A person who claims I owe him money has filed a lawsuit against my California charity in an effort to recover the claim. He alleges that the charity is an "alter ego" for me personally (which is untrue) and that entitles him to the money in the charity. Is this legal?
This sounds a little unusual. Normally, when someone is trying to prove that an organization is the “alter ego” of an individual or another organization, the claimant is trying to “pierce the corporate veil” and impose liability upon the controlling individual or organization for the unjust acts of the controlled alter ego entity. (See Ready Reference Page: “How to Prevent Piercing the Corporate Veil”) You seem to be saying that this person is claiming that you have a personal obligation but the charity should pay, apparently because you are hiding assets in your alter ego charity. It doesn’t sound like a particularly promising theory, but one would have to look at the actual complaint to understand the claim. Alter ego cases are generally tough to win, but there are some circumstances where they can be successful. Without knowing more, I wouldn’t venture a guess on the odds of this one.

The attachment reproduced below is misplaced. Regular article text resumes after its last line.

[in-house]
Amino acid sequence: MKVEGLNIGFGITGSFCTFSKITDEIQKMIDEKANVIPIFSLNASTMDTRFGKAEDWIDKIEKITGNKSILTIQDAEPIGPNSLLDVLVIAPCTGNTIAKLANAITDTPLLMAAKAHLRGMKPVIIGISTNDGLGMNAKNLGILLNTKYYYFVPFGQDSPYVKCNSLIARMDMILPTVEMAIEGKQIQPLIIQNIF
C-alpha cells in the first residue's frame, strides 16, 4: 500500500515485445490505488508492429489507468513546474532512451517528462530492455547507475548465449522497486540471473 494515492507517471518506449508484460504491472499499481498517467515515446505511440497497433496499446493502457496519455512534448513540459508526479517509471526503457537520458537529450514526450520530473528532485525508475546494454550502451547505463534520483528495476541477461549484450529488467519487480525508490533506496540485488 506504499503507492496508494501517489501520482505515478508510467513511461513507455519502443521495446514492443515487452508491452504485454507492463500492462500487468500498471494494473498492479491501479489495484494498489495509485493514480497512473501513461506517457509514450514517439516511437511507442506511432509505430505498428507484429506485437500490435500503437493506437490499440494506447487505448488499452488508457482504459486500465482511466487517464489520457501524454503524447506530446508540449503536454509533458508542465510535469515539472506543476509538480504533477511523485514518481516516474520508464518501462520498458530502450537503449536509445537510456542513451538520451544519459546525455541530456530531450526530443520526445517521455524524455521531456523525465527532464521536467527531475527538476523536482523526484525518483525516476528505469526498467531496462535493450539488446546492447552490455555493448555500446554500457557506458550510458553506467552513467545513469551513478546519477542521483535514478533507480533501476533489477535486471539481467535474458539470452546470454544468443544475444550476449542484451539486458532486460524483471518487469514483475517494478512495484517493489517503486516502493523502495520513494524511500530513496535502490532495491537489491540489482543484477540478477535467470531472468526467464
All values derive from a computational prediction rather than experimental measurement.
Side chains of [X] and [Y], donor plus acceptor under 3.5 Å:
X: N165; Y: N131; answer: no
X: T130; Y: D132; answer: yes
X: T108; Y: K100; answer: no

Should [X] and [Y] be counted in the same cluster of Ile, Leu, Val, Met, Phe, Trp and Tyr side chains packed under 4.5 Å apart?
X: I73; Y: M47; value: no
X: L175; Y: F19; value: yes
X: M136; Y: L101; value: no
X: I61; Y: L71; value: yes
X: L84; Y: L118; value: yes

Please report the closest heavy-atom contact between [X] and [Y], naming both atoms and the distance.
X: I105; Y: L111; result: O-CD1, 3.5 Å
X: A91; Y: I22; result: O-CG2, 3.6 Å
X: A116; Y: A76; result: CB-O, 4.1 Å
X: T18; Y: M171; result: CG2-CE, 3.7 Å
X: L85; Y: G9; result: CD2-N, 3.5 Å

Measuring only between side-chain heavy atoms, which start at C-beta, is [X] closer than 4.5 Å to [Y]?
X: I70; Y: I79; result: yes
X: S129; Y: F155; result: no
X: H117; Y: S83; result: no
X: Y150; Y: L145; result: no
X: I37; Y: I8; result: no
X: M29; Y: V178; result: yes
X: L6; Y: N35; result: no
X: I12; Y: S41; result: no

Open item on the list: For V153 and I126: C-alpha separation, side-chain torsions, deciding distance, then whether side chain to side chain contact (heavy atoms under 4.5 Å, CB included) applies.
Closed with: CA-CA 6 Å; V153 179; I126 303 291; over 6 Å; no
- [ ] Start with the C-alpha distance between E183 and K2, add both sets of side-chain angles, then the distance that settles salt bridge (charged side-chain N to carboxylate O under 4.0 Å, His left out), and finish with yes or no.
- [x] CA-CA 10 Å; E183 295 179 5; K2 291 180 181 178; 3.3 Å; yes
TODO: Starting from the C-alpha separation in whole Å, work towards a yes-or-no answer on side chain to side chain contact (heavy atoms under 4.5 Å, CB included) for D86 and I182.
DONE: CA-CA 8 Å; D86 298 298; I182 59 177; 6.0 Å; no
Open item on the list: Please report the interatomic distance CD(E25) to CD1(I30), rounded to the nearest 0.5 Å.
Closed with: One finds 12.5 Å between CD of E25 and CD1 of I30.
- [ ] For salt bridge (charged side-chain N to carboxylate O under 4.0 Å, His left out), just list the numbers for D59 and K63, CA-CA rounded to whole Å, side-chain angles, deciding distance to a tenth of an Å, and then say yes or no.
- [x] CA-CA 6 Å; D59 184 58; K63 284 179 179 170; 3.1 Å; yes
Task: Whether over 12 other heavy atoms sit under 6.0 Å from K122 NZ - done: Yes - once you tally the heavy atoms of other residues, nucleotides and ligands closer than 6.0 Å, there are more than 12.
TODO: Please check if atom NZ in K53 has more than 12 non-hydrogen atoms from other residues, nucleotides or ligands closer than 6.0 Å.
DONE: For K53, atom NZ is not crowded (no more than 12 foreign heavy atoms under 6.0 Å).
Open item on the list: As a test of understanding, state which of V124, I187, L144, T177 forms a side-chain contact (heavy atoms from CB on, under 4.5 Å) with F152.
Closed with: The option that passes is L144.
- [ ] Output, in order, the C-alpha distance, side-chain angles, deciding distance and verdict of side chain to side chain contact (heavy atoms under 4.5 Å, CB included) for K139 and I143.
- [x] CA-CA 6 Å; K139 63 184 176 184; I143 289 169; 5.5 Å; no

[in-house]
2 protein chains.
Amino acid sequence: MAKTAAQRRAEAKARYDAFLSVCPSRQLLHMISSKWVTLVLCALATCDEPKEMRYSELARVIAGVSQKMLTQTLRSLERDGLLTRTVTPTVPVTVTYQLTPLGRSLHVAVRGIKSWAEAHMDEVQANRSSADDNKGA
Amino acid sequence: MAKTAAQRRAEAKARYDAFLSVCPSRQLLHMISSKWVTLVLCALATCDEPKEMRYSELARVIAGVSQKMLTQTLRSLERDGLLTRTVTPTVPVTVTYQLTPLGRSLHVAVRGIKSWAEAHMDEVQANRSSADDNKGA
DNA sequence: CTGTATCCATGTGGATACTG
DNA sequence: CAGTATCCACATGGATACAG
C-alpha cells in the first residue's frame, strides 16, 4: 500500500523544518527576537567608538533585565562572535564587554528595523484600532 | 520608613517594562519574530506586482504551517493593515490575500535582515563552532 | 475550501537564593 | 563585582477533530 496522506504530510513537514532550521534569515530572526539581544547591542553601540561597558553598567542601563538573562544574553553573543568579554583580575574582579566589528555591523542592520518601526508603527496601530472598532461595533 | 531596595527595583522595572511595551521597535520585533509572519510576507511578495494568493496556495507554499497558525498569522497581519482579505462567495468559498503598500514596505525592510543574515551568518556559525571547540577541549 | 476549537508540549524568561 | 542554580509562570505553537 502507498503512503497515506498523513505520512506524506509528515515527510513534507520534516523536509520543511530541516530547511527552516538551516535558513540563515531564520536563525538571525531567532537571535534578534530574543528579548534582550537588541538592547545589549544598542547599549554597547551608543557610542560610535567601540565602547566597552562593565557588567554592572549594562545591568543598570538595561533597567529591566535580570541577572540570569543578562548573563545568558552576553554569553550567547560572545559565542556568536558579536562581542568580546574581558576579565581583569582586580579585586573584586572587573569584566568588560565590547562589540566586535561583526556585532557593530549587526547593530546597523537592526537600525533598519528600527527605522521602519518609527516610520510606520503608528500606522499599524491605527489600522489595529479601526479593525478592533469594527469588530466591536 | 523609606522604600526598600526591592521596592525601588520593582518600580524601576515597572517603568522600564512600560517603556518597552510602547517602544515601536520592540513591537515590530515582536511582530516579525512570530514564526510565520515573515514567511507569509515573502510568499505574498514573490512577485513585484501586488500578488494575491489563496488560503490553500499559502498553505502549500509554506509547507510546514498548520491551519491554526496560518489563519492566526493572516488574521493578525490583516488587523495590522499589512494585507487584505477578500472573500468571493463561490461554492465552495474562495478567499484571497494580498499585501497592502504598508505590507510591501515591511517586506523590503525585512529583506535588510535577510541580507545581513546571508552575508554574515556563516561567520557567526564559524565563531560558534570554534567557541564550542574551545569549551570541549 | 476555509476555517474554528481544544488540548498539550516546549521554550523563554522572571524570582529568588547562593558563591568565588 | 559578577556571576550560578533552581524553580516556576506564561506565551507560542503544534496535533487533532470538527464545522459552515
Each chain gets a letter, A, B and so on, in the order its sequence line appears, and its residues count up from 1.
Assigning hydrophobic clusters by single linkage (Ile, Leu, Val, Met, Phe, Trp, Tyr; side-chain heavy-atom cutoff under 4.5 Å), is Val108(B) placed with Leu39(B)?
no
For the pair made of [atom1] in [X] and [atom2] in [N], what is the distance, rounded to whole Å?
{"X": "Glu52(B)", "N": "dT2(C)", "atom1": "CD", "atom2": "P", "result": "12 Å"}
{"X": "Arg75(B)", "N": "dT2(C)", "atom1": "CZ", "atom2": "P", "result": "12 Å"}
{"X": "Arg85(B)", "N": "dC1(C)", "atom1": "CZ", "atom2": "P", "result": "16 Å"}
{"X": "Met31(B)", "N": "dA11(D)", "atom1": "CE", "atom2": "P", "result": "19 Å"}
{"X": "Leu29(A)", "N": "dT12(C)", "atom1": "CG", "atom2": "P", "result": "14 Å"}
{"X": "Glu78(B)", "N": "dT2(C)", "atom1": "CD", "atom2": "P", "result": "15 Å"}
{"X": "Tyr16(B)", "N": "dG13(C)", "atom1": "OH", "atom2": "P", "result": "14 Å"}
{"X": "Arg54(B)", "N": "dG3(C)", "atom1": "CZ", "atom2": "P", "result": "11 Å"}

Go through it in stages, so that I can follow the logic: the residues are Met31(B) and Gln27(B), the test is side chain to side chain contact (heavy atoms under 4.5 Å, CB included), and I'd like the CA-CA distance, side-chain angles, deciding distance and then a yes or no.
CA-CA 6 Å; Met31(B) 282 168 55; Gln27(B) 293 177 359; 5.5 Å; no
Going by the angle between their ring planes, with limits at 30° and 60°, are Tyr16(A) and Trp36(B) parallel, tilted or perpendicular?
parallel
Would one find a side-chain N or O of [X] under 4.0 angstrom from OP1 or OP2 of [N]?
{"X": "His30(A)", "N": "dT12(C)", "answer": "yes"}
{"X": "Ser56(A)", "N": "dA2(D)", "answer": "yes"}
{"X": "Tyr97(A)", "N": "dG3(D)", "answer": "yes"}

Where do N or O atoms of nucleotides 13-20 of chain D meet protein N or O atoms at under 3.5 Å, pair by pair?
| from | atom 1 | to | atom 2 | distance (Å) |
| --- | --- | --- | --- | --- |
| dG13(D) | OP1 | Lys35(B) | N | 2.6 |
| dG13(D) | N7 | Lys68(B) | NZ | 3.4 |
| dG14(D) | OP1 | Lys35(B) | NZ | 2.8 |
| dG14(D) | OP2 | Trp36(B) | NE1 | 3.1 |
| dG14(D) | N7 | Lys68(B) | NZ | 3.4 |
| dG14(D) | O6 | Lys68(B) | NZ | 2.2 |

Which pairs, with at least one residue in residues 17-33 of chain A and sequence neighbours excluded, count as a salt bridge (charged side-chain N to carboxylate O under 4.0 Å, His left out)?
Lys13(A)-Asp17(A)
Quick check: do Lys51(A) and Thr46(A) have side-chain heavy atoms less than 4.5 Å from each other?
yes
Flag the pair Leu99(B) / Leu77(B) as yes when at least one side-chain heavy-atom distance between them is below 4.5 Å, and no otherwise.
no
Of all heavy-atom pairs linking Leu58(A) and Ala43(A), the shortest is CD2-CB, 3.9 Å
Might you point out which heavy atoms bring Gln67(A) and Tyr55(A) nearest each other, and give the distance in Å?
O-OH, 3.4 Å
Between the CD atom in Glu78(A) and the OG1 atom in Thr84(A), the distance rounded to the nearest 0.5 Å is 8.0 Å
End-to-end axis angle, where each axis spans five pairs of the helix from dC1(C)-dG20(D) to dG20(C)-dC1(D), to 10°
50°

With pressure mounting on nonprofits to consider affiliations with other organizations, this workshop is designed to help you better navigate the world of mergers, acquisitions and affiliations. Unlike the corporate world, there are no financial "matchmakers" to help nonprofits identify successful partners for a merger. Learn more in our pre-recorded webinar.
Weekly question and answer
Notice of each full edition
and its free stories
Report on 501(c)(3) electioneering
What our readers say about Nonprofit Issues
Once again you've tackled a tricky question and explained it so we all can understand the issue.--M.V.
Thank you for your informative and keen advice on nonprofit matters. I believe it's a unique and concise place to get answers to this often wispy area called nonprofit. --R.T.
Have a question?
Other ways to
Talk to the Editor
Next Conference Call:
Wednesday, September 10, 2014
Participate in this bi-monthly telephone seminar conference call and ask your questions directly to Editor Don Kramer.
Access the entire site
($9.95/24 hours, $17.95/3 months).
Full Day Program
A well-received full-day program that covers the current hottest topics in nonprofit law. Qualifies in Pennsylvania for Continuing Education credits.
Don is available for programs and speaking engagements ranging from a one-hour presentation to a full-day primer on nonprofit law. Contact us if you are interested in having him speak at your program.